LANCASHIRE, West Yorkshire, Wolverhampton and Merseyside have been handed tough new lockdown rules with a ban on seeing friends from next Tuesday.
Even more Brits face strict local lockdown measures and curfews will be introduced in Lancashire and Merseyside as the number of new coronavirus cases in Liverpool spiralled to 100.6 cases per 100,000.
It comes after huge parts of the North East – including Newcastle, North and South Tyneside, Gateshead and Sunderland were handed stricter local lockdown measures.
Pubs and restaurants in Lancashire, Warrington, Halton and Merseyside will have to close at 10pm from Tuesday.
People will also not be allowed to meet with anyone who is outside their household or support bubble in those areas as well as Bradford, Kirklees, Calderdale, Oadby and Wigston.
But the new rules do not apply to people in Blackpool and Greater Manchester.
Around 10 million people in the UK have to follow tough restrictions.
The rate of coronavirus infections in Warrington has soared to 111.2 per 100,00.
Other areas of Lancashire, including Blackburn with Darwen, Pendle and Preston are still under local lockdown restrictions with a ban on meeting other households.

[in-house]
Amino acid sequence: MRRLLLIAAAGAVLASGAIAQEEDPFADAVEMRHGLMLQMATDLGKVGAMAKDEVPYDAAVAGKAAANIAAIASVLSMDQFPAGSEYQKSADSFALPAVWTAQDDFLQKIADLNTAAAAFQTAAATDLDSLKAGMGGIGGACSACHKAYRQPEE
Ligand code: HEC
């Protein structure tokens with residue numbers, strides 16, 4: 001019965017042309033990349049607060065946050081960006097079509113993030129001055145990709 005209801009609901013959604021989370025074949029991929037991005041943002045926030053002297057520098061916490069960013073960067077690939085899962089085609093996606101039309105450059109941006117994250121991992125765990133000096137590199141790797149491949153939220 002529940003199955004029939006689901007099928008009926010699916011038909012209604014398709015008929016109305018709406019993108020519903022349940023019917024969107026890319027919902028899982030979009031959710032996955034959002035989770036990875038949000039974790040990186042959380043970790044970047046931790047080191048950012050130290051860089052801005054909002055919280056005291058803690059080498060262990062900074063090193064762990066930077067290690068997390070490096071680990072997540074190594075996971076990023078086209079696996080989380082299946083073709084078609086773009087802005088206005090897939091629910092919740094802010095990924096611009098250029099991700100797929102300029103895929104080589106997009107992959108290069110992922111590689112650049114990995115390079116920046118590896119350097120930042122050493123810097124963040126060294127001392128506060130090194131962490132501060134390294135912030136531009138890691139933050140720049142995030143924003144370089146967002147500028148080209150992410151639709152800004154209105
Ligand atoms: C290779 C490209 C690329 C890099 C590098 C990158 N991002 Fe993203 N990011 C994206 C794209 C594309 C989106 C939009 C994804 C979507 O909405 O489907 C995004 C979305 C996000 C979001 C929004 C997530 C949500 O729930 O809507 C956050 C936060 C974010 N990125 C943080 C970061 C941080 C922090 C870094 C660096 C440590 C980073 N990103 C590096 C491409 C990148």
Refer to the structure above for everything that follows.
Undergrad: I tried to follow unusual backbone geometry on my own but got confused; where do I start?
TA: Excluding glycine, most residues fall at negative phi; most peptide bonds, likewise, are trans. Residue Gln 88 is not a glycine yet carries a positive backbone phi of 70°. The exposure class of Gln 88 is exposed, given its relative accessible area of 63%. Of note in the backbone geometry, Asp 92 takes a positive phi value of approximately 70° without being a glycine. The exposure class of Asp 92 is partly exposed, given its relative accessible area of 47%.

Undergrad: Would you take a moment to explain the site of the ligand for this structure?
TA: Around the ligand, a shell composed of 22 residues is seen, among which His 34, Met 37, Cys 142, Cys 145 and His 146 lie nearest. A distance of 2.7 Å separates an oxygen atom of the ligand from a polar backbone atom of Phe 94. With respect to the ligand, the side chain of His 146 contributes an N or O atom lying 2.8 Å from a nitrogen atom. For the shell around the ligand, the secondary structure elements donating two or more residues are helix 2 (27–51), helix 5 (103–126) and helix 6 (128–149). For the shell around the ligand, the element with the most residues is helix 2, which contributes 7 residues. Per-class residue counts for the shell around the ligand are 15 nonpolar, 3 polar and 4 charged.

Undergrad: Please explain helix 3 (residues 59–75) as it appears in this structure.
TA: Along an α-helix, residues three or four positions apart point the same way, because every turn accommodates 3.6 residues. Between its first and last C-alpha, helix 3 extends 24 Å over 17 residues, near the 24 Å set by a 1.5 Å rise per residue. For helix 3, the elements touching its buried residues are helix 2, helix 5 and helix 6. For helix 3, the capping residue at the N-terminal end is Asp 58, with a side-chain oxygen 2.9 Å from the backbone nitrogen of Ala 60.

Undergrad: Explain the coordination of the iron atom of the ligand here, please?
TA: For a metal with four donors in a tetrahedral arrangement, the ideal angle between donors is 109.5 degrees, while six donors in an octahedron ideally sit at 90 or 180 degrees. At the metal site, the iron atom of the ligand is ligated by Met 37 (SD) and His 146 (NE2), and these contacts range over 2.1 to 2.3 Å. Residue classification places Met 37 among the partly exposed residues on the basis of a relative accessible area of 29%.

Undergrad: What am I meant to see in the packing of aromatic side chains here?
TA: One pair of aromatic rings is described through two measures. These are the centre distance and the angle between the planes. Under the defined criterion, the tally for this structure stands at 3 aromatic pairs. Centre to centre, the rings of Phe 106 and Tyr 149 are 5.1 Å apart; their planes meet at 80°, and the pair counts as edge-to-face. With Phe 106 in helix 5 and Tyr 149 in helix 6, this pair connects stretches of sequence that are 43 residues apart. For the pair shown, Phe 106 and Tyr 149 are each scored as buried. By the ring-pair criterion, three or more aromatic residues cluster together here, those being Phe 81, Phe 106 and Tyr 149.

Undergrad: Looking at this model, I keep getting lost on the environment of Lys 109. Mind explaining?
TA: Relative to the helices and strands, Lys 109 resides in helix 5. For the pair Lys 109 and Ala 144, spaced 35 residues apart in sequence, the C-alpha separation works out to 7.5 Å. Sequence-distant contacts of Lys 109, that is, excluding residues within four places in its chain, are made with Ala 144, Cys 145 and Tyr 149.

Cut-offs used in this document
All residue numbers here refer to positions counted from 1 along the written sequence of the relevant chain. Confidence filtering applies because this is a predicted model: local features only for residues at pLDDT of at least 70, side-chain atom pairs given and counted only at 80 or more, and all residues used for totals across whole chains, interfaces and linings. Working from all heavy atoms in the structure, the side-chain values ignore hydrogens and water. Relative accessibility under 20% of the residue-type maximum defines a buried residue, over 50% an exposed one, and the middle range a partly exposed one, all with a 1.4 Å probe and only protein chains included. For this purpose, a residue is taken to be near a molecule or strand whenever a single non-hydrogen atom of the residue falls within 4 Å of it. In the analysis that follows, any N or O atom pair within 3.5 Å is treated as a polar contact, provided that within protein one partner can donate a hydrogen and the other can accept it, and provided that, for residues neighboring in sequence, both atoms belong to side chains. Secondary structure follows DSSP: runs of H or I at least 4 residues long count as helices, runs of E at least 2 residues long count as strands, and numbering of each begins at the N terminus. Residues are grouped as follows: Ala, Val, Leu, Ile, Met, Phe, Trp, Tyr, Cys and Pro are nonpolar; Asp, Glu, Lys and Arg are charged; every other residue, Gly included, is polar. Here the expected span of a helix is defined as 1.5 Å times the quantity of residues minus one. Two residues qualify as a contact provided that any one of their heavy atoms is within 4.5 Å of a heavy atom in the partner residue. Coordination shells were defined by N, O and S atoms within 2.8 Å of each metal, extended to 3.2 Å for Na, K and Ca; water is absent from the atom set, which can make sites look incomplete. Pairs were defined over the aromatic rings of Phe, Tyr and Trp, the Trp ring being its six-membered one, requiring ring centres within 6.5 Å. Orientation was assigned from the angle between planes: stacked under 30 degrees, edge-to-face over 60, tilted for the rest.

It comes as
- Huge parts of the North East were put under strict local lockdown yesterday with 10pm curfews
- Health Secretary Matt Hancock warned a new national lockdown could be brought in
- Mr Hancock gave Brits a stern warning not to skip self isolation by getting tested
- London could be two weeks away from lockdown with restricted opening hours for pubs and restaurants
- Hundreds of drinkers hit the town for a last boozy night out before a North East lockdown comes into force today
- Scores of coronavirus hotspots across the country have emerged in recent weeks
Health Secretary Matt Hancock said: ““We are seeing cases of coronavirus rise fast in Lancashire, Merseyside, West Yorkshire, Warrington, Halton and Wolverhampton.
“Local leaders in these areas have asked for stronger restrictions to be put in place to protect local people, and we are acting decisively to support them.
“I know these restrictions will make every-day life harder for many, but I know that residents will work together and respect the rules so we can reduce rates of transmission.”